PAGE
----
Three San Diego doctors [all psychiatrists] who prescribe medications at the same time they are paid by drug companies as experts on the products figure into a broader national debate about whether playing both roles poses a conflict. California Watch, a project of the independent, nonprofit Center for Investigative Reporting, compared two sets of data at the center of the debate — one a database of payments by drug companies to doctors nationwide and the other a list of the top antipsychotic prescribers in California’s Medi-Cal program for the poor and disabled.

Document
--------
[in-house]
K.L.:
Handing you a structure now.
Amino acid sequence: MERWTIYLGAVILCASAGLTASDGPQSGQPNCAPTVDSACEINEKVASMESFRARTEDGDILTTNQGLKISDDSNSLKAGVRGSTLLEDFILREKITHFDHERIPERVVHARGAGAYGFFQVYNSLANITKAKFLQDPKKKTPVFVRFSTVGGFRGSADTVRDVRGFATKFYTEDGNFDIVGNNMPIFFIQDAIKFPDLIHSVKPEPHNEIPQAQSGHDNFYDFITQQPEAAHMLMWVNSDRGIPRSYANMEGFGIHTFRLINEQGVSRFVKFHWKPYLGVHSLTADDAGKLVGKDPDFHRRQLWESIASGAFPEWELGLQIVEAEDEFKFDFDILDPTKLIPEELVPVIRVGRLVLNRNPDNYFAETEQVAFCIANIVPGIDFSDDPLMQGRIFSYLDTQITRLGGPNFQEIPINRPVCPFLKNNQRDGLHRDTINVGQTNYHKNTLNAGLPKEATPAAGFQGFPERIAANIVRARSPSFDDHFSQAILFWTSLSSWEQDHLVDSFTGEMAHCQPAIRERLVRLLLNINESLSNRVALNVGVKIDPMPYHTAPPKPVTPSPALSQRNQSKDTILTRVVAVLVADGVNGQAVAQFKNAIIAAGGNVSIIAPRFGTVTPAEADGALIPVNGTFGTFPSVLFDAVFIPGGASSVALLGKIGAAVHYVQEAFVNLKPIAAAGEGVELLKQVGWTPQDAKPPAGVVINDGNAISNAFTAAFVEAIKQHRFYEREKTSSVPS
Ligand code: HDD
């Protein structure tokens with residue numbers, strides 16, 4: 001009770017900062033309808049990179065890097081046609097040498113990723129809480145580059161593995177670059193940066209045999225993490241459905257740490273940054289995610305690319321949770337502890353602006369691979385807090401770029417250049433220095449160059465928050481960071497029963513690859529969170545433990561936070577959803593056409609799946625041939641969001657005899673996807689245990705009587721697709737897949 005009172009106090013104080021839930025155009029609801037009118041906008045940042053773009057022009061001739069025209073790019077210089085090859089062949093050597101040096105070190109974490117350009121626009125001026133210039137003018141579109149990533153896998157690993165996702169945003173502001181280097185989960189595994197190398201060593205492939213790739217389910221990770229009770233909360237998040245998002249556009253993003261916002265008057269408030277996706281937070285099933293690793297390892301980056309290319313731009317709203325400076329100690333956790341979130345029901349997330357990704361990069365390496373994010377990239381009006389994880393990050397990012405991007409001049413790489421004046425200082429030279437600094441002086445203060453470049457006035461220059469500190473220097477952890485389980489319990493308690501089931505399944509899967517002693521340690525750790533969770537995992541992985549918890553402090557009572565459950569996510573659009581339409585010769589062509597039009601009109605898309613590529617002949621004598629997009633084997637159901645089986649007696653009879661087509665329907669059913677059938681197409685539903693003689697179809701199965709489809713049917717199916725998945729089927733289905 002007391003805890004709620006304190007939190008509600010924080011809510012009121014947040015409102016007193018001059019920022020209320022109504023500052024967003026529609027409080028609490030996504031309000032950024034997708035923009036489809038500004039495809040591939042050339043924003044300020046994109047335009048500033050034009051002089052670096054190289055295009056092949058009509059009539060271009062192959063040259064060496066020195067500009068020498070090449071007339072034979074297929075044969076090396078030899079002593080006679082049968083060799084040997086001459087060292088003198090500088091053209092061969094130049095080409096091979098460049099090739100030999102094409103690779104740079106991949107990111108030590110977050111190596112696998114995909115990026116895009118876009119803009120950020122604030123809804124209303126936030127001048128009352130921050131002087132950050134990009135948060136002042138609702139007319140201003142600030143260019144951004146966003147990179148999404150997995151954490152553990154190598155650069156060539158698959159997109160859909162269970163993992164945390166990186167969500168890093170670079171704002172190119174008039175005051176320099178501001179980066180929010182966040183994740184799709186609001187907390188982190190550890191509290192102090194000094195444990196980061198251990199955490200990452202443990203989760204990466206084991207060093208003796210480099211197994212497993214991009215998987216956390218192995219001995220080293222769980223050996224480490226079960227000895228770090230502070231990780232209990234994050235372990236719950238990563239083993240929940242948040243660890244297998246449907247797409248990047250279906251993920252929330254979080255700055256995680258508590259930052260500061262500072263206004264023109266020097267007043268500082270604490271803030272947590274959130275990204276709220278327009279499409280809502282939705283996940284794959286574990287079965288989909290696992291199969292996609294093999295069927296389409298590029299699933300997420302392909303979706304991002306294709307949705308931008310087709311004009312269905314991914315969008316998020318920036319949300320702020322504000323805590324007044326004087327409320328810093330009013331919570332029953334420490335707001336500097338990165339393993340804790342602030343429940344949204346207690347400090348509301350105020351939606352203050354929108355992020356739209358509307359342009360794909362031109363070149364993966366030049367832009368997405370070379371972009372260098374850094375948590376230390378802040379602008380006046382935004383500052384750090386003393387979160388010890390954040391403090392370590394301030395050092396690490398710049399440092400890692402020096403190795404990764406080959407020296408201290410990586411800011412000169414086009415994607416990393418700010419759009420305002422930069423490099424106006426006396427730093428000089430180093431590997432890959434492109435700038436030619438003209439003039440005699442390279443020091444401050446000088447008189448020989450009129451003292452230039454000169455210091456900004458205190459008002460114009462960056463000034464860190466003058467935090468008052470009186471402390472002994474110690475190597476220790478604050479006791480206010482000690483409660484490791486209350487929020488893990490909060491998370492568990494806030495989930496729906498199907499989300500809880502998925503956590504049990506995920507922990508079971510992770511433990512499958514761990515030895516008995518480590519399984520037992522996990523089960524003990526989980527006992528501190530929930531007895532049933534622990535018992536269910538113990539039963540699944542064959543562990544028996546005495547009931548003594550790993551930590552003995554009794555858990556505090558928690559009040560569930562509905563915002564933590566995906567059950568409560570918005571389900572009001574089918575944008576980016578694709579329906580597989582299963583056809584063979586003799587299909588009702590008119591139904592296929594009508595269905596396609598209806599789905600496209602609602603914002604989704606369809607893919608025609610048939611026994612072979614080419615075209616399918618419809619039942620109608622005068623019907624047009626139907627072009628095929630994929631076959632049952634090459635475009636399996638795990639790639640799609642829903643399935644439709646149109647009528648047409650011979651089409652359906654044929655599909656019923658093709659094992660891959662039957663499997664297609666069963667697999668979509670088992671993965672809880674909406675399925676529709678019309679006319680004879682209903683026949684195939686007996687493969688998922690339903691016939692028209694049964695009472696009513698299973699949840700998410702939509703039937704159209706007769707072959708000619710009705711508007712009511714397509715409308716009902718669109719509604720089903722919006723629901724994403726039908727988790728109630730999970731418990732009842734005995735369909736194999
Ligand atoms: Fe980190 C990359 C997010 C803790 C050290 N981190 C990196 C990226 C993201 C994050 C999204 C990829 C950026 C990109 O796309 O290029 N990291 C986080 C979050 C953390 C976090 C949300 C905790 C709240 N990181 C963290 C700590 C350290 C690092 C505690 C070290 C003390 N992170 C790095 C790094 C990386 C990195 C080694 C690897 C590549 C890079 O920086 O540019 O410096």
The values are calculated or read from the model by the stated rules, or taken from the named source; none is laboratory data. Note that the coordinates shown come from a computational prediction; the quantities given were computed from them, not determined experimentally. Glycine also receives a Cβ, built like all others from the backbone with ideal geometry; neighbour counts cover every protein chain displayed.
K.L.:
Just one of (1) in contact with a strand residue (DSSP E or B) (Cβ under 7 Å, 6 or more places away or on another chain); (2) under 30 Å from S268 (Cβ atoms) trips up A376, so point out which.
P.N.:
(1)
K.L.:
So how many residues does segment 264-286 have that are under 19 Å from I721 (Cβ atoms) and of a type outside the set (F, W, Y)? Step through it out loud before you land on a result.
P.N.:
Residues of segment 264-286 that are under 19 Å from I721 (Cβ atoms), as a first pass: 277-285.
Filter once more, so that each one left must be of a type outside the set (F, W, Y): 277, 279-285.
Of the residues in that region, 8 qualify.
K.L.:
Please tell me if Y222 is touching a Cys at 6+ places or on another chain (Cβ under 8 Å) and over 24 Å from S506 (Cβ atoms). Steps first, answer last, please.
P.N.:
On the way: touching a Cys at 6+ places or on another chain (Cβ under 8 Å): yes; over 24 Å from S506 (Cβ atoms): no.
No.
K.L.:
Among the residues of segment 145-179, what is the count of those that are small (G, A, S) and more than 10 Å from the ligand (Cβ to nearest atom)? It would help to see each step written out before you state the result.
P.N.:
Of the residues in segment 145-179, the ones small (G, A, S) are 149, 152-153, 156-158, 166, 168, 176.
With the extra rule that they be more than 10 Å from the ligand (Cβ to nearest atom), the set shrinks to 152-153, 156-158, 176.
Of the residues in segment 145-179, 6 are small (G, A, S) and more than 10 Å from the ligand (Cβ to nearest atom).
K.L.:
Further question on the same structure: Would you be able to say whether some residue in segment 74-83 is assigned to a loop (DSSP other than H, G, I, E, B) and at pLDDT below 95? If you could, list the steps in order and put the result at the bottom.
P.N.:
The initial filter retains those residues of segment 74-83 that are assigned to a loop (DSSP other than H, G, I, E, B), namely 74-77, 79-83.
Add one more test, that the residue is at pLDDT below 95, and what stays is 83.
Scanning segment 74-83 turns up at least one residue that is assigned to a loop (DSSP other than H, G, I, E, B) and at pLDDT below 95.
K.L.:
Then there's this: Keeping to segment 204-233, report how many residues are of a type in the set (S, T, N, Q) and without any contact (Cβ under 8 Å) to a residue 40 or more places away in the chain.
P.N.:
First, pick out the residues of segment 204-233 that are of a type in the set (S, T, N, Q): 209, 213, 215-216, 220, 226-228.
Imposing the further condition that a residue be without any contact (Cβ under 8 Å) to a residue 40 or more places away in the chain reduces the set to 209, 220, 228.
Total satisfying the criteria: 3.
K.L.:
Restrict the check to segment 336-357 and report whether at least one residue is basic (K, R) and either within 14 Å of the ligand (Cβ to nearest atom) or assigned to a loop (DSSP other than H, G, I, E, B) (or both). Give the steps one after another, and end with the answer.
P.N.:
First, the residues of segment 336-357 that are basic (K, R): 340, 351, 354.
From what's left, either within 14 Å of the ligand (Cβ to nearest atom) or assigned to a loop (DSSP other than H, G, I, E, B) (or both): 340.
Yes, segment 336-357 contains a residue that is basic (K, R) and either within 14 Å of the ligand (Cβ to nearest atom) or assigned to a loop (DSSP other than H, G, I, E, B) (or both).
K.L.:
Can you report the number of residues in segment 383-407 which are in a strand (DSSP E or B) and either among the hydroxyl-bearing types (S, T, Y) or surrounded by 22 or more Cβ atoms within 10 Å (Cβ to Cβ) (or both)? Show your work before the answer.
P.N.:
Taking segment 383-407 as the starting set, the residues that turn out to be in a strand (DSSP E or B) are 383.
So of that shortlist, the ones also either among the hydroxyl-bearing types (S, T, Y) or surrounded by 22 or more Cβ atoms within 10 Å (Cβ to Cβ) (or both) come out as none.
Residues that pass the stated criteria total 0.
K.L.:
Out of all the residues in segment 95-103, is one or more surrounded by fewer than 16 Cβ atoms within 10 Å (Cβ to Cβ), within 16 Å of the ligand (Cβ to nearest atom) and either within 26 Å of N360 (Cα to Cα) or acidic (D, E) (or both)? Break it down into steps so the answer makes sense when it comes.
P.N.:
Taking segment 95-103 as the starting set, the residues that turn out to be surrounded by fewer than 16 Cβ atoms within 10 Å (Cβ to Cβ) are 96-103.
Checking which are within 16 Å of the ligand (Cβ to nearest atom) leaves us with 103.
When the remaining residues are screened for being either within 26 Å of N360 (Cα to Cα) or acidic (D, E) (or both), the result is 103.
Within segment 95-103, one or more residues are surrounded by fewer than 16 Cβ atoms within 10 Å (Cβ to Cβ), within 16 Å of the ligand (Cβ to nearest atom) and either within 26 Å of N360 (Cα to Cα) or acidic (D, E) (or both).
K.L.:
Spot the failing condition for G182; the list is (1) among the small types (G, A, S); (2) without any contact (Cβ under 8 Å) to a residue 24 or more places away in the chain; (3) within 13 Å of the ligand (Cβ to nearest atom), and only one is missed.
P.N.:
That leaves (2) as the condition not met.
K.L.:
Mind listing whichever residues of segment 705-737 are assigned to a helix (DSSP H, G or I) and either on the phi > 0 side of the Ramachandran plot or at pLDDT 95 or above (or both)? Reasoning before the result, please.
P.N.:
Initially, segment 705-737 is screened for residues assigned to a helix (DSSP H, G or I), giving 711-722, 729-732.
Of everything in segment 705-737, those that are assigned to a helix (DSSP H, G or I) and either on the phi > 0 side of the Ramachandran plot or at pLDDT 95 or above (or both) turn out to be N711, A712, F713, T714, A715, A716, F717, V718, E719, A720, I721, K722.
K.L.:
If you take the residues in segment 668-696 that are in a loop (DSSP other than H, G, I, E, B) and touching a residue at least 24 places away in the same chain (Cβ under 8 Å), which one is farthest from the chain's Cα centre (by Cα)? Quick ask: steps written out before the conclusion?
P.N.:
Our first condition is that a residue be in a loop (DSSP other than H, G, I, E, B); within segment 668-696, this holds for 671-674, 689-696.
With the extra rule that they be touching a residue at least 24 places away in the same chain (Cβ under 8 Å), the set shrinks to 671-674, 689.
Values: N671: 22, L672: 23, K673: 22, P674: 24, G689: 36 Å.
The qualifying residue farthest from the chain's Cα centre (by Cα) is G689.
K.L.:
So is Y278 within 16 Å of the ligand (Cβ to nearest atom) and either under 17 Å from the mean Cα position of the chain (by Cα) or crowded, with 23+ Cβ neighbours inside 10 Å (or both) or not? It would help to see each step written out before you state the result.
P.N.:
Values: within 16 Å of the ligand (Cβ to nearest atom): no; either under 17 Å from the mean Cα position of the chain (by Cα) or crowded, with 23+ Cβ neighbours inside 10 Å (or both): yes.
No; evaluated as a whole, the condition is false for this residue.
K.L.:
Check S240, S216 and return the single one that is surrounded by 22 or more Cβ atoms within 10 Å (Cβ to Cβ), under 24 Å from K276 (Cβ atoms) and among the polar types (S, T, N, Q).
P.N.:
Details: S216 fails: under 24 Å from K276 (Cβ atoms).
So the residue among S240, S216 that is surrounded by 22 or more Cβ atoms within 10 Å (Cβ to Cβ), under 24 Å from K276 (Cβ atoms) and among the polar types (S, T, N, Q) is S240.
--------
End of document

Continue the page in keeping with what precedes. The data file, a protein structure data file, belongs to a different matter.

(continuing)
For more than 20 years, psychiatrist Richard Schloss has been treating Long Island patients with schizophrenia, bipolar disorder and social phobias. But he has another job. Pfizer has paid him thousands of dollars to tell other psychiatrists about a drug the company sells, an anti-psychotic medication called Geodon.
In all his years of speaking for Pfizer, the company’s never asked Schloss (right) about an embarrassing stain on his state record. In 2001, the New York State Health Department suspended Schloss and then put him on probation for five years for helping supply Vicodin for a year and a half to six patients who were drug addicts.